Friends of the church include;

The Center for Process Studies, 

Margaret Starbird,

Dr Walter Rutherford,

Jim Marion,

International Association of the Study of

Rev. Cynthia Bourgeault,

Cynthia Avens and Richard Zelley and the Christosophia Community,

Pando Populus

Progressive Christians


UU Society of Community Ministers


First UU Church of SD

Mathew Fox

Cornell West


We stand at a critical moment in Earth’s history, a time when humanity must choose its future. As the world becomes increasingly interdependent and fragile, the future at once holds great peril and great promise. To move forward we must recognize that in the midst of a magnificent diversity of cultures and life forms we are one human family and one Earth community with a common destiny. We must join together to bring forth a sustainable global society founded on respect for nature, universal human rights, economic justice, and a culture of peace. Towards this end, it is imperative that we, the peoples of Earth, declare our responsibility to one another, to the greater community of life, and to future generations.


Humanity is part of a vast evolving universe. Earth, our home, is alive with a unique community of life. The forces of nature make existence a demanding and uncertain adventure, but Earth has provided the conditions essential to life’s evolution. The resilience of the community of life and the well-being of humanity depend upon preserving a healthy biosphere with all its ecological systems, a rich variety of plants and animals, fertile soils, pure waters, and clean air. The global environment with its finite resources is a common concern of all peoples. The protection of Earth’s vitality, diversity, and beauty is a sacred trust.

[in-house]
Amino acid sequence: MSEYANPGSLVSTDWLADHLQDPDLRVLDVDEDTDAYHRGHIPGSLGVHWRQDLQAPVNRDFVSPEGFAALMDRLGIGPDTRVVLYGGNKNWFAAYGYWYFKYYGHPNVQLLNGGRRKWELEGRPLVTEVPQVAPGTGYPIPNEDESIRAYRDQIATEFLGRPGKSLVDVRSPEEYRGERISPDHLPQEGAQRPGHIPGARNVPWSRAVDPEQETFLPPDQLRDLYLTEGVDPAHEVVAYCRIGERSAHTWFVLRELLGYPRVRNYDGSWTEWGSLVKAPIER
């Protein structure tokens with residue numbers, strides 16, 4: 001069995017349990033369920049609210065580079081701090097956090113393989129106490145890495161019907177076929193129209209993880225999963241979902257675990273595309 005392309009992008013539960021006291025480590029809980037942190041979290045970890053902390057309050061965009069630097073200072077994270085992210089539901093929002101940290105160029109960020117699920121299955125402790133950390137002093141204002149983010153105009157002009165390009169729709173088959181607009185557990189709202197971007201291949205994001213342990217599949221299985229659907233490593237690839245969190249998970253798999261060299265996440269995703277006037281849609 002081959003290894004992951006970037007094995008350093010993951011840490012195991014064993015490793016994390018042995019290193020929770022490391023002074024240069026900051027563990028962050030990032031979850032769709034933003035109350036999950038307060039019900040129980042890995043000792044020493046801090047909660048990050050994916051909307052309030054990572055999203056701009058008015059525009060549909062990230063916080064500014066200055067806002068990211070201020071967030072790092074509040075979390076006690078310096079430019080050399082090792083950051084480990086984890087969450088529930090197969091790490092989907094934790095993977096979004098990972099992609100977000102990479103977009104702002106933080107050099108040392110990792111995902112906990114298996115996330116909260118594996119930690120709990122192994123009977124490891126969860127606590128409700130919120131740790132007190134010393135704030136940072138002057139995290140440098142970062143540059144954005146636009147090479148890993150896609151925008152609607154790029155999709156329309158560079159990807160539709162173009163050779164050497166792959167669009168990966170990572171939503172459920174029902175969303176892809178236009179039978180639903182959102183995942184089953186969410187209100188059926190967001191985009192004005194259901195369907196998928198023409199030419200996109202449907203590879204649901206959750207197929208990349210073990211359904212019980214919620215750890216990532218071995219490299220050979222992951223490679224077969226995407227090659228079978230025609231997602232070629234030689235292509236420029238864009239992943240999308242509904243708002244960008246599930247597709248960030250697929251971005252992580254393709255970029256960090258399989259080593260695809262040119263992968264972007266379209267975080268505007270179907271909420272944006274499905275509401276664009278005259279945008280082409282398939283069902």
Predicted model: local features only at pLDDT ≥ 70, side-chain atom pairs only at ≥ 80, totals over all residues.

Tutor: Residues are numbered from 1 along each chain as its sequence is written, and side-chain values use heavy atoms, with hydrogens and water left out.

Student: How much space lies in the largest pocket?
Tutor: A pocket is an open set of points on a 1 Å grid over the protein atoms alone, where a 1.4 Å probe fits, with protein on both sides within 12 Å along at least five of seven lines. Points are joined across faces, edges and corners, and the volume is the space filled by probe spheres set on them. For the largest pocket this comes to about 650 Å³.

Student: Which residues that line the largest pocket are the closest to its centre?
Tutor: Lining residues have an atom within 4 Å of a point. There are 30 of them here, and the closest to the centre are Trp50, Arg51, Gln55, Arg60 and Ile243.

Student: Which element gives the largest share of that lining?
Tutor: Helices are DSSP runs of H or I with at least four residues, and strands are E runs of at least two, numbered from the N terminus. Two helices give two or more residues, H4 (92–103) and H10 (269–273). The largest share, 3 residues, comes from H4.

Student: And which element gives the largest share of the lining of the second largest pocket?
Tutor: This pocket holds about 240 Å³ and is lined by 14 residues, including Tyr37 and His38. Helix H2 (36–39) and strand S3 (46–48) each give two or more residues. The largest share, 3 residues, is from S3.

1. Respect Earth and life in all its diversity.
    1. Recognize that all beings are interdependent and every form of life has value regardless of its worth to human beings.
    2. Affirm faith in the inherent dignity of all human beings and in the intellectual, artistic, ethical, and spiritual potential of humanity.
  2. Care for the community of life with understanding, compassion, and love.
    1. Accept that with the right to own, manage, and use natural resources comes the duty to prevent environmental harm and to protect the rights of people.
    2. Affirm that with increased freedom, knowledge, and power comes increased responsibility to promote the common good.
  3. Build democratic societies that are just, participatory, sustainable, and peaceful.
    1. Ensure that communities at all levels guarantee human rights and fundamental freedoms and provide everyone an opportunity to realize his or her full potential.
    2. Promote social and economic justice, enabling all to achieve a secure and meaningful livelihood that is ecologically responsible.
  4. Secure Earth’s bounty and beauty for present and future generations.
    1. Recognize that the freedom of action of each generation is qualified by the needs of future generations.
    2. Transmit to future generations values, traditions, and institutions that support the long-term flourishing of Earth’s human and ecological communities.